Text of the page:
It reminds me of the Seinfeld episode where Jerry, after winning a footrace by a fluke as a kid, avoids later contests by declaring “I choose not to run.”  It’s as if an NFL team like the Cleveland Browns looked at the schedule in advance and decided they won’t show up for that ball-busting away game at New England.

Santorum and Paul likely don’t have a chance to win; this strategy allows them to hold on to their money, play out the string, and get a few more moments on a stage before an adoring crowd.  But doesn’t it say something about how ridiculous our presidential selection process has become that purportedly viable candidates can pick and choose where they fight and simply skip contested elections in large states like Florida that will be crucial in a general election?  Given the experience in Iowa — where some caucus “results” were lost and Republican Party officials couldn’t even say for sure who won — why are caucuses even used to allocate delegates rather than a primary election?

The presidential delegate selection seems to get tweaked after every election.  How about a rule that says declared candidates have to actually compete in every contest where voters will go into a voting booth and pull the lever for the candidate?

The Race Rolls On, And The Big Issues Linger

The Republican presidential primaries, already seemingly endless, roll on.  With Newt Gingrich’s big win in South Carolina, the race is in disarray.  Gingrich is on the rise, Mitt Romney’s shield of inevitability has been dented, and Ron Paul and Rick Santorum are hanging on.

The focus now moves to Florida.  As has come to be the pattern, that means another debate tonight (No!!!!!!), lots more negative ads, and probably some new revelations before Florida goes to the polls on January 31.  We’ll hear lots of buzz words and scripted retorts and talking points, but what we probably won’t hear is much substantive talk about exactly how the remaining contenders are going to tackle the budget deficit.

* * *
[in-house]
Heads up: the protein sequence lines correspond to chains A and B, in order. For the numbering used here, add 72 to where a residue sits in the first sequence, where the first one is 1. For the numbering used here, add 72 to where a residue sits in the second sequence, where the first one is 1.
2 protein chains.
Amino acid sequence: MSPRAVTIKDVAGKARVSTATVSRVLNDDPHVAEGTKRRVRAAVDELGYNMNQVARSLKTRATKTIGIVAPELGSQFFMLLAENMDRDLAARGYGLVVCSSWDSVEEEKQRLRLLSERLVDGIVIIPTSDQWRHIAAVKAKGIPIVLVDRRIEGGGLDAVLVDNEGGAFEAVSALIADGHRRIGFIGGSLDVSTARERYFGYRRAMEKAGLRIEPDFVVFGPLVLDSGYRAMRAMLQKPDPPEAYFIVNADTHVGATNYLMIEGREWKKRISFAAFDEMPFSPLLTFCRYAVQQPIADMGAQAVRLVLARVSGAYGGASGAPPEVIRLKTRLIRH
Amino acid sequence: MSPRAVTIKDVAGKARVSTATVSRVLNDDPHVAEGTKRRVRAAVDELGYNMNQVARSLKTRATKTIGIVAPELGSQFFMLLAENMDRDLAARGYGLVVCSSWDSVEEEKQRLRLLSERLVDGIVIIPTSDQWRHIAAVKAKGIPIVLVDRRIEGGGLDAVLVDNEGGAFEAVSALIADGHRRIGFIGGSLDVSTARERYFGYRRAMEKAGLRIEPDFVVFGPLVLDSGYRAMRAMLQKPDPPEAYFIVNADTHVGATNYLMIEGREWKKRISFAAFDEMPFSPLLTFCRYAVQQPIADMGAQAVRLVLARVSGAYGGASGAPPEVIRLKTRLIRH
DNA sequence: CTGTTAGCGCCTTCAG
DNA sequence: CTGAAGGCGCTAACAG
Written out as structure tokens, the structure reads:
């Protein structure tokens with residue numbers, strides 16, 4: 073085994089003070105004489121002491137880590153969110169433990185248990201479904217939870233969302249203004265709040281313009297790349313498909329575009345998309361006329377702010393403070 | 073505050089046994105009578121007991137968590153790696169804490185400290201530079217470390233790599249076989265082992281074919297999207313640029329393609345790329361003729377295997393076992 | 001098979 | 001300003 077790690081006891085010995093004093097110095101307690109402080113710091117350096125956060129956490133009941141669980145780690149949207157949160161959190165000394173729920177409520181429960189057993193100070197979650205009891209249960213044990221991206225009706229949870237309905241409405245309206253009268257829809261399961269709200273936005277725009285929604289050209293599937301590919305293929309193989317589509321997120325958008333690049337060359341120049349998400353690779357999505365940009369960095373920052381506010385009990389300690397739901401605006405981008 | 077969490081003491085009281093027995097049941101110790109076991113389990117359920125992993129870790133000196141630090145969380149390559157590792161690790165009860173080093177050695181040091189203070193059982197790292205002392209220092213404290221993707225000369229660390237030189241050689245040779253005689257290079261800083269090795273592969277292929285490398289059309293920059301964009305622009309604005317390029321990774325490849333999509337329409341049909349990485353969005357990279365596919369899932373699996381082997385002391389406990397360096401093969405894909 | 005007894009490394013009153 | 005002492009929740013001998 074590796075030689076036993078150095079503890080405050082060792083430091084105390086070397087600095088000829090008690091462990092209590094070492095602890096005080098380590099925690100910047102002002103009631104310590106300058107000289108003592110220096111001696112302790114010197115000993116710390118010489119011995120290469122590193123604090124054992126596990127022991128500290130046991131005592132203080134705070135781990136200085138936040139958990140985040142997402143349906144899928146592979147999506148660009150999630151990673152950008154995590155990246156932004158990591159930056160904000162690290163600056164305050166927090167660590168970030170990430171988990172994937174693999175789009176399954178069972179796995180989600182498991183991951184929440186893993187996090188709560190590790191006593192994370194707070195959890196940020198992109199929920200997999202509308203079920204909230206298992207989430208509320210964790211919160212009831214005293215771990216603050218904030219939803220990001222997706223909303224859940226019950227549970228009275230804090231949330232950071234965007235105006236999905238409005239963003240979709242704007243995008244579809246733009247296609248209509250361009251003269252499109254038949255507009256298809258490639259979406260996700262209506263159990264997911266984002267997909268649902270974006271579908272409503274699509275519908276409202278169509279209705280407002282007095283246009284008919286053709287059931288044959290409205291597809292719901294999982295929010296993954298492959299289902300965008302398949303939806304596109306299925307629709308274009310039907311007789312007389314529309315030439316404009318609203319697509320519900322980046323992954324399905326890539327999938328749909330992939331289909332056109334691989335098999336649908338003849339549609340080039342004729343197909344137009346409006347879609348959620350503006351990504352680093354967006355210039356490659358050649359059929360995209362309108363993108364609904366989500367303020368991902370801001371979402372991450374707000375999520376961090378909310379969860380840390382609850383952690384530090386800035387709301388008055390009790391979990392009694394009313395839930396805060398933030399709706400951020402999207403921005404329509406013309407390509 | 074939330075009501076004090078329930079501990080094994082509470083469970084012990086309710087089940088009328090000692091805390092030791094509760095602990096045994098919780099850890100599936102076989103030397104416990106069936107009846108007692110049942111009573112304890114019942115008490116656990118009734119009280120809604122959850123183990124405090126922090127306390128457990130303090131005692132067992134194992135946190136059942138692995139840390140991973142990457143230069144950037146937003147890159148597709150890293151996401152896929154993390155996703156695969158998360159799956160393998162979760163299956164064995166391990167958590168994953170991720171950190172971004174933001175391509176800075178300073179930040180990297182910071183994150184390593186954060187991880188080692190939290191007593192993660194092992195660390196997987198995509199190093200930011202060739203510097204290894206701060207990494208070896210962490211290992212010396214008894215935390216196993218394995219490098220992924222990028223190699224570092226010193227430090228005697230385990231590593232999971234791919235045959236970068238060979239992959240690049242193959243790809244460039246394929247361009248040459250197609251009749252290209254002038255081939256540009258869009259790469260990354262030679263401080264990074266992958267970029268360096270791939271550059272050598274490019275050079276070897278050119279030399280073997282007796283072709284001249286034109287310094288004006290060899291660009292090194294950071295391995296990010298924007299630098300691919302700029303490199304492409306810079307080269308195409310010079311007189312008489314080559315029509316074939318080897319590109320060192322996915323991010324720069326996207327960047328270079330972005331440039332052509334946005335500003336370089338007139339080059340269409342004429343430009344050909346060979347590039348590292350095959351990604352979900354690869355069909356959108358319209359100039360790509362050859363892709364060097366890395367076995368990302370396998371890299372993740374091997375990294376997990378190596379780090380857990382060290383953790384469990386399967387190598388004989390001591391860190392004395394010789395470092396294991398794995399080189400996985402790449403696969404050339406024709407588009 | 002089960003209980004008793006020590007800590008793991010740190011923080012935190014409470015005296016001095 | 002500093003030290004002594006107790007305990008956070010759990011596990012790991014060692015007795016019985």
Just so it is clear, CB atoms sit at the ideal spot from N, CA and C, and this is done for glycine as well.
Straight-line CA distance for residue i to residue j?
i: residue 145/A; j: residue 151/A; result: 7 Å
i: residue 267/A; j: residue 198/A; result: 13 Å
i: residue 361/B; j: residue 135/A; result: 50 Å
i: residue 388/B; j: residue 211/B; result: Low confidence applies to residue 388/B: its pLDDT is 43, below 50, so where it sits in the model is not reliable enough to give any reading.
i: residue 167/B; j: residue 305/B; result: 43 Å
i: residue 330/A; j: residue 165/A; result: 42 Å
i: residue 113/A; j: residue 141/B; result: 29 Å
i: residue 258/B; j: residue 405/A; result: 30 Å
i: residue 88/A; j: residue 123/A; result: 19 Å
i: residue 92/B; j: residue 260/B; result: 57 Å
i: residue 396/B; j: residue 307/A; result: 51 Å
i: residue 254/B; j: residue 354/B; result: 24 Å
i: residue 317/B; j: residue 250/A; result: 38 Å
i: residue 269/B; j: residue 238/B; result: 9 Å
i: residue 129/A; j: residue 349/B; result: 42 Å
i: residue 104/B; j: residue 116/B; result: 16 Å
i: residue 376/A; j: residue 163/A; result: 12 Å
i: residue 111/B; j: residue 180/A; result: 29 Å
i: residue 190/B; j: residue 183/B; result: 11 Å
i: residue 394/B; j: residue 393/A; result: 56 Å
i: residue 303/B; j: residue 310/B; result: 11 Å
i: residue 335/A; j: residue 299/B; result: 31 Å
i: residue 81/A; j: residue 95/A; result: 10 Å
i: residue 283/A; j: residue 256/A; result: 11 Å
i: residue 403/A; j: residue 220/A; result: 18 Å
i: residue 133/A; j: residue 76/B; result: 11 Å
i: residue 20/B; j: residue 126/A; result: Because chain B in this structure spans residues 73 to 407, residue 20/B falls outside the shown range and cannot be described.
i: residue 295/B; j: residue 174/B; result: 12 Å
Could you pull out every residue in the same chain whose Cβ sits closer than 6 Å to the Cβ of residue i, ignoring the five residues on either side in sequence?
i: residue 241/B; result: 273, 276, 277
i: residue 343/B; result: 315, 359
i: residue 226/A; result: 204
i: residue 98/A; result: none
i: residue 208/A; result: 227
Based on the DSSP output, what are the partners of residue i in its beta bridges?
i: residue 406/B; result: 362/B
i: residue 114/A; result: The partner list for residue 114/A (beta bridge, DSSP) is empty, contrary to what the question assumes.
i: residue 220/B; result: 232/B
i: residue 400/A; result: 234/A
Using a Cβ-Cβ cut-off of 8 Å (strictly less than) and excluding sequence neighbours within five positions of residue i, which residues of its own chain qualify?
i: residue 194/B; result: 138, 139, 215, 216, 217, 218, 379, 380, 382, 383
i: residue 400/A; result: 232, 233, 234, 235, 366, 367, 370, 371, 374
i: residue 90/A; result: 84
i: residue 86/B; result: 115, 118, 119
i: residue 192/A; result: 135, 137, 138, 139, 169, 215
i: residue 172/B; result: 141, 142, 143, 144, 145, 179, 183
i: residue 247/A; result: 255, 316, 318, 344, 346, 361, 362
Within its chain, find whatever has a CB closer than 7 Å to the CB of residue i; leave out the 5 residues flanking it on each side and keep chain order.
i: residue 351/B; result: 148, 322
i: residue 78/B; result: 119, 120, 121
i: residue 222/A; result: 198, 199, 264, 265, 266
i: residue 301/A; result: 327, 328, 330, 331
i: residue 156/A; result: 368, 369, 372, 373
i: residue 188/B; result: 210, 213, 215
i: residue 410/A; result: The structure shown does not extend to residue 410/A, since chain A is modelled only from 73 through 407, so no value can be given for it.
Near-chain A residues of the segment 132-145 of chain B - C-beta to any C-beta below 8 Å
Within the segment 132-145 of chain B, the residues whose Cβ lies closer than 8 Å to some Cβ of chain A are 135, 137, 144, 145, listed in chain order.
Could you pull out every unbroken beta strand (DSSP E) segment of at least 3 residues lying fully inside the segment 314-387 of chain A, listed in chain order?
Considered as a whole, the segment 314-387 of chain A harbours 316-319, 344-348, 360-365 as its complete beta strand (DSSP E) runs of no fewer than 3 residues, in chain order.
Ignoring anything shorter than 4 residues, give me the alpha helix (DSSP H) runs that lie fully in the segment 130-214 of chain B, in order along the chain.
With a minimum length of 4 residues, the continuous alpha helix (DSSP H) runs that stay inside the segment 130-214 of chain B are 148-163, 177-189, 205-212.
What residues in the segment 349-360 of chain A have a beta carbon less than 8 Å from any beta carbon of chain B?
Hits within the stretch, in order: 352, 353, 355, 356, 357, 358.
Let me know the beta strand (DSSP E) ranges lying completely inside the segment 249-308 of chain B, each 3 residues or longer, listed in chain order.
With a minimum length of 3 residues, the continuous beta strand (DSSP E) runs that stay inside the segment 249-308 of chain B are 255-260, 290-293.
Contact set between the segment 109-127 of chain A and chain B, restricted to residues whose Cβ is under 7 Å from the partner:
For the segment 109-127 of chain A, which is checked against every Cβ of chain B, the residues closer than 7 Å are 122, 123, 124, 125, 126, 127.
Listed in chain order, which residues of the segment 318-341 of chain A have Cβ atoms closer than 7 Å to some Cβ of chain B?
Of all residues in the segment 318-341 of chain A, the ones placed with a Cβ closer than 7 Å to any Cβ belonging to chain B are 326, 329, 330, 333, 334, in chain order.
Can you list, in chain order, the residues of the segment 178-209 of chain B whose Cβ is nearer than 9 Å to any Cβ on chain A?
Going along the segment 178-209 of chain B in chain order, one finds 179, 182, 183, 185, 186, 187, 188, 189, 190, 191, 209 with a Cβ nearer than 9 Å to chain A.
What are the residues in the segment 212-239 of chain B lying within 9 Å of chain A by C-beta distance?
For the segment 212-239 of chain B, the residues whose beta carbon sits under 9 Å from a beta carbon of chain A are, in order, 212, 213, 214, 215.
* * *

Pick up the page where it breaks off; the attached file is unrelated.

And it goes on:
You can argue about how we select a President in our country, and whether beginning with states like Iowa, New Hampshire, and South Carolina makes any sense.  The early primary voters never seem to share my perspective on the big issues of the day, but perhaps that is just a reminder that ours is a large and diverse land where people have many different views.  In Iowa, social issues always seem to take center stage.  In South Carolina, the votes for Gingrich seemed to be motivated, at least in part, by anger — anger at the news media, and anger at President Obama — and a desire to select a candidate who, the voters believe, will cut the President to ribbons in debates.

Social issues just aren’t on my radar screen, I’m not mad at the news media, and scoring debating points with glib jabs at the President isn’t important to me.  Instead, I just want to hear how specifics about the candidates will cut our spending, balance our budget, resolve our debt issues, and get our economy growing again.  Those are the issues that are most important to me and, I think, most important to our country.  Maybe — just maybe — some Floridians share that view.

Curse Of The Corn Dog — A Poem

Yesterday, Michele Bachmann ended her campaign after a bad showing in Iowa.  In reality, she was doomed as soon as she violated a cardinal rule of politics — she was photographed eating a corn dog.  It’s no surprise that Rick Perry, who also has violated that rule, has struggled to attract votes, too.

I’m sure Bachmann rues the day she was tempted by the fatal foodstuff.  In recognition of the end of her campaign, I composed the following verse:

Curse Of The Corn Dog

O!  Curs’d dog, covered in corn

I ate you once, now I’m forlorn

My photograph, with mouth agape,

Became the stuff of cruel jape

The image stuck, was not forgotten

And led to thoughts much misbegotten

I broke the rule of campaign decorum

If only I had been Santorum!

Another Turn Of Fortune’s Wheel In Iowa